Malcolm Browne, who died on 27 August at the age of 81, was a photographer who took some of the most enduring images of the Vietnam War.
On 10 June 1963 he received a telephone call telling him to be at a certain location in Saigon. The next morning an elderly monk, Thich Quang Duc, assumed the lotus position on a cushion at a blocked-off junction. Aides drenched him with aviation fuel, and the monk lit a match and set himself ablaze. Of the foreign journalists tipped off, only Browne turned up.
His photos appeared on front pages around the globe and even prompted President Kennedy to order a re-evaluation of his administration's Vietnam policy. "We have to do something about that regime," Kennedy told Henry Cabot Lodge, who was about to become US ambassador to Saigon. Browne recalled in a 1998 interview that that was the beginning of the rebellion which led to the US-backed South Vietnamese President Ngo Dinh Diem being overthrown and murdered.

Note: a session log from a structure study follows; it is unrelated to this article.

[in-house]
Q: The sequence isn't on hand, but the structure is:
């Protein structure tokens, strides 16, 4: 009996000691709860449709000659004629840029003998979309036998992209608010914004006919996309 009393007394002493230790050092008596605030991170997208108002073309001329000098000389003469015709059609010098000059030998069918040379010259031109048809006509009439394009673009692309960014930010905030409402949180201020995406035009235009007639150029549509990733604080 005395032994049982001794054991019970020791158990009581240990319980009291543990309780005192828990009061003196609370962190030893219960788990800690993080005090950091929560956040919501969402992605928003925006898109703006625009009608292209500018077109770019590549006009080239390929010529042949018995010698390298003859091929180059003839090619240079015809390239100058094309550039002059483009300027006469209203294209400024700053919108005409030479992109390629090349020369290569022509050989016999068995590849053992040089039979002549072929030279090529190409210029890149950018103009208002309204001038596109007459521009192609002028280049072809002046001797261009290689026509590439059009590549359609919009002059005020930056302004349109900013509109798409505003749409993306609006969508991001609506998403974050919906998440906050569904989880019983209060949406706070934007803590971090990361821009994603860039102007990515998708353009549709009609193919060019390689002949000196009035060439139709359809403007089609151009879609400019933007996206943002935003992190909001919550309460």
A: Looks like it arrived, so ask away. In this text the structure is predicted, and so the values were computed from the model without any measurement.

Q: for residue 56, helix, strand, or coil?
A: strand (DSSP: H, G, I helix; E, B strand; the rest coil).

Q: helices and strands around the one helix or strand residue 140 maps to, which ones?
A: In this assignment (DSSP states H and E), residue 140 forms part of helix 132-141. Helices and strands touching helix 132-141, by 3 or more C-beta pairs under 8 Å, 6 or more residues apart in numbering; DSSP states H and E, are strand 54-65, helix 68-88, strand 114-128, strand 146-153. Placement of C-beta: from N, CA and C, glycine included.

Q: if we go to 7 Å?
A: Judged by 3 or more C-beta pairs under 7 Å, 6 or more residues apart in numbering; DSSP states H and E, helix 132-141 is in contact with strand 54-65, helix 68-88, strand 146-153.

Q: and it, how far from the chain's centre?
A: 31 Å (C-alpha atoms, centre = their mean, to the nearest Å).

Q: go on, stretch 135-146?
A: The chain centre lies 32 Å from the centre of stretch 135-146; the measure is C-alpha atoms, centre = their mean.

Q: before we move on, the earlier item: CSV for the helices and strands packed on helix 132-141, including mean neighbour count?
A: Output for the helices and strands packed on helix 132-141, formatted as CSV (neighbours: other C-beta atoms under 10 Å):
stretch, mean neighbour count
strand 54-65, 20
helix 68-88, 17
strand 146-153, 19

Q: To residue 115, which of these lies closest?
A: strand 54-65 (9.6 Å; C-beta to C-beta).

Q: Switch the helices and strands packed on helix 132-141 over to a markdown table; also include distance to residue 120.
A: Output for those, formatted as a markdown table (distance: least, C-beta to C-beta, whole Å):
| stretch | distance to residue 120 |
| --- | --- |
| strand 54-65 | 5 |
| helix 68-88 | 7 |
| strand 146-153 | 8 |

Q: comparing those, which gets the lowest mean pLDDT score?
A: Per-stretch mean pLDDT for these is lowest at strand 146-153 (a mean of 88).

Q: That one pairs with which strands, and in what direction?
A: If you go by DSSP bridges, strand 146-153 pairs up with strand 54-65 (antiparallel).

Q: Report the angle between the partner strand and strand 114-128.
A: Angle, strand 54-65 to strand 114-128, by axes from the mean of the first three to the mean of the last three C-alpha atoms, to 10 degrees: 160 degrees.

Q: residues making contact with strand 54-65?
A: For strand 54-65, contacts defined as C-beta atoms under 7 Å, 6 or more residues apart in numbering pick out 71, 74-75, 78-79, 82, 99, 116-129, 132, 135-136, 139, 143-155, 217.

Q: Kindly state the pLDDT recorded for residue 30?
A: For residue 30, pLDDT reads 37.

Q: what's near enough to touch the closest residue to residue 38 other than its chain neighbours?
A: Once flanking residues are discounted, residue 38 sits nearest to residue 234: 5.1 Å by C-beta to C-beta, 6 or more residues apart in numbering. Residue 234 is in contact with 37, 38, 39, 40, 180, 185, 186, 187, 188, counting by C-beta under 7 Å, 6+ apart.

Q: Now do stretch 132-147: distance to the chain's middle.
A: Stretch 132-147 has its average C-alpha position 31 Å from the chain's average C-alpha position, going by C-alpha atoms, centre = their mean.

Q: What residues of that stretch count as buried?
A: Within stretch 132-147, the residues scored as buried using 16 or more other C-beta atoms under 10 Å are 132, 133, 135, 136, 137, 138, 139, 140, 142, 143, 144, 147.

Browne spent most of his career at The New York Times. He survived being shot down three times in combat aircraft, was expelled from half a dozen countries and was put on a "death list" in Saigon.
Born in New York in 1931, he joined Associated Press in 1960 and went to Saigon the following year, becoming a member of a small group of journalists covering the war. Within the year he was joined by photographer Horst Faas and reporter Peter Arnett; by 1966, all three had earned Pulitzer Prizes. Browne died of complications from Parkinson's Disease.
"Malcome Browne was a precise and determined journalist who helped set the standard for rigorous reporting in the early days of the Vietnam War," said Kathleen Carroll, an AP executive editor. "He was also a genuinely decent and classy man."Reuse content